At today's general audience in Rome, Pope Francis had this to say:
Cultivating and caring for creation is God’s indication given to each one of us not only at the beginning of history; it is part of His project; it means nurturing the world with responsibility and transforming it into a garden, a habitable place for everyone. Benedict XVI recalled several times that this task entrusted to us by God the Creator requires us to grasp the rhythm and logic of creation. But we are often driven by pride of domination, of possessions, manipulation, of exploitation; we do not “care” for it, we do not respect it, we do not consider it as a free gift that we must care for. We are losing the attitude of wonder, contemplation, listening to creation; thus we are no longer able to read what Benedict XVI calls "the rhythm of the love story of God and man." Why does this happen? Why do we think and live in a horizontal manner, we have moved away from God, we no longer read His signs.
I find these words inspiring and challenging. The pope helps me to understand that the mandate given in Genesis--to care for God's creation--is still meant for me today. I strive as hard as I can to see what surrounds me each day as part of that wonderful garden of creation. I live in downtown Chicago and sometimes I have to look pretty intently to discover the beauty of this garden. Praise God, more often than not, I see the wonders, even in the little things.
As I read these words this morning, I was reminded of a parallel situation that I have come to understand more and more in my daily life. In Mark 16:15, the Lord issued the mandate to his disciples at the time of his ascension: "Go into all the world and preach the gospel to all creation." In my earlier adult years, I kind of hid behind this message, thinking that Christ certainly could not have meant that mandate for me. He meant this for missionaries, people like Bl. Mother Theresa, or Bl. Pope John Paul II, or Billy Graham. These were people that I was seeing actually going out "into all the world." Slowly, I have begun to realize that, at least for me, the "world" to which Christ sends me is not the world "out there" waiting to be evangelized. It is the world that is the day to day reality of my life. The "world" to which I am called to "preach the gospel to all creation" is the world of my home life, the world of my carpool, the world of my circle of friends, the world of my family, the world of my colleagues here at World Library Publications and the J.S. Paluch Company, the world of the Green Line trains on Chicago's transit system, the world of the Eisenhower and Kennedy Expressways here in Chicago, the world of those sitting in front of me at workshops and presentations, the quiet world of those sleepless nights. These are the worlds in which I have been planted. And it is to these worlds that I have been summoned to preach the gospel.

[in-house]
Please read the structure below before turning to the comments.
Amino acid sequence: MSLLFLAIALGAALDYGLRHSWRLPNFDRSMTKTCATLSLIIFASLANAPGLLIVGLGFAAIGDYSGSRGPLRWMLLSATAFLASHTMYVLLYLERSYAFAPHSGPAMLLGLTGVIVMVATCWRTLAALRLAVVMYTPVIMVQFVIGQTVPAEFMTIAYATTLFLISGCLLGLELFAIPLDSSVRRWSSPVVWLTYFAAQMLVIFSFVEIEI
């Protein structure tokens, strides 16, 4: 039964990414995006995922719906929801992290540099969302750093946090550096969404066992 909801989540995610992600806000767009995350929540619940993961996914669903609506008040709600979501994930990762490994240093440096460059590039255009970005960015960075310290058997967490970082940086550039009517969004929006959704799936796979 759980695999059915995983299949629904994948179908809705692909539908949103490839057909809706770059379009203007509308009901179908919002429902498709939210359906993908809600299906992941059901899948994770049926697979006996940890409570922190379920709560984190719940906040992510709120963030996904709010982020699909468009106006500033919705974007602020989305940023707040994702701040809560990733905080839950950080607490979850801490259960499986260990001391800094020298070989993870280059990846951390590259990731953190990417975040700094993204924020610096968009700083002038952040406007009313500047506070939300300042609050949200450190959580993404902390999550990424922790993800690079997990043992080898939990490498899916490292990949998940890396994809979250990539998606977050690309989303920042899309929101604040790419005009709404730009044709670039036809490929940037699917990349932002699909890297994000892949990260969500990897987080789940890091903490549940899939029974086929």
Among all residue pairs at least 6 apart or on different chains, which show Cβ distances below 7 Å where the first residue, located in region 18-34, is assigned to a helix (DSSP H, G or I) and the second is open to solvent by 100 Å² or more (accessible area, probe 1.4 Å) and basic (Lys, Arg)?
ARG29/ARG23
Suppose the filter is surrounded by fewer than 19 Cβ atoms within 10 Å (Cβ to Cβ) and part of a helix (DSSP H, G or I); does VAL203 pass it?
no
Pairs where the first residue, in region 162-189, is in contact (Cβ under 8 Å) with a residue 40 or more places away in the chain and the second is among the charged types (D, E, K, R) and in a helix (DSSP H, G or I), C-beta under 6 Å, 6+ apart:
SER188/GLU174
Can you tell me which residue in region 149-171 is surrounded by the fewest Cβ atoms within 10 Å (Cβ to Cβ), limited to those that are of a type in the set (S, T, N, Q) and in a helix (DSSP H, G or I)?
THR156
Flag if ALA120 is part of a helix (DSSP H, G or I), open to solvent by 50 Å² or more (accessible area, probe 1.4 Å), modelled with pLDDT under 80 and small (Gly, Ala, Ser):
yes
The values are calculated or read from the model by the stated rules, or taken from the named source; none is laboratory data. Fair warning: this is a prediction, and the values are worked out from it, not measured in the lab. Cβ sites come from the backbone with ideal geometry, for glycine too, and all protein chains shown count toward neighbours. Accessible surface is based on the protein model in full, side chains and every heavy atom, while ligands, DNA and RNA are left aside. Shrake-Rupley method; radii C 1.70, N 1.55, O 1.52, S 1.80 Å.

So, when Pope Francis talked about the "today" of cultivating the garden of creation, it reminded me that this is also my job. And aren't the words he quotes from Pope Benedict inspiring as well: "the rhythm of the love story of God and man"? Pope Francis gives us much food for thought today. I have to ask myself, "How can I know better the rhythm of the love story between God and me?" And I guess at least part of that answer has to do with cultivating a deeper sense of wonder at the creation around me, a deeper awareness of the "worlds" to which I am called to share the good news.
Lots to think about today, folks. I wanted to end today with two short videos I took while in Verona, Italy, last month. These were "wonder and awe in God's presence" moments for me. Enjoy.
Gotta sing. Gotta pray.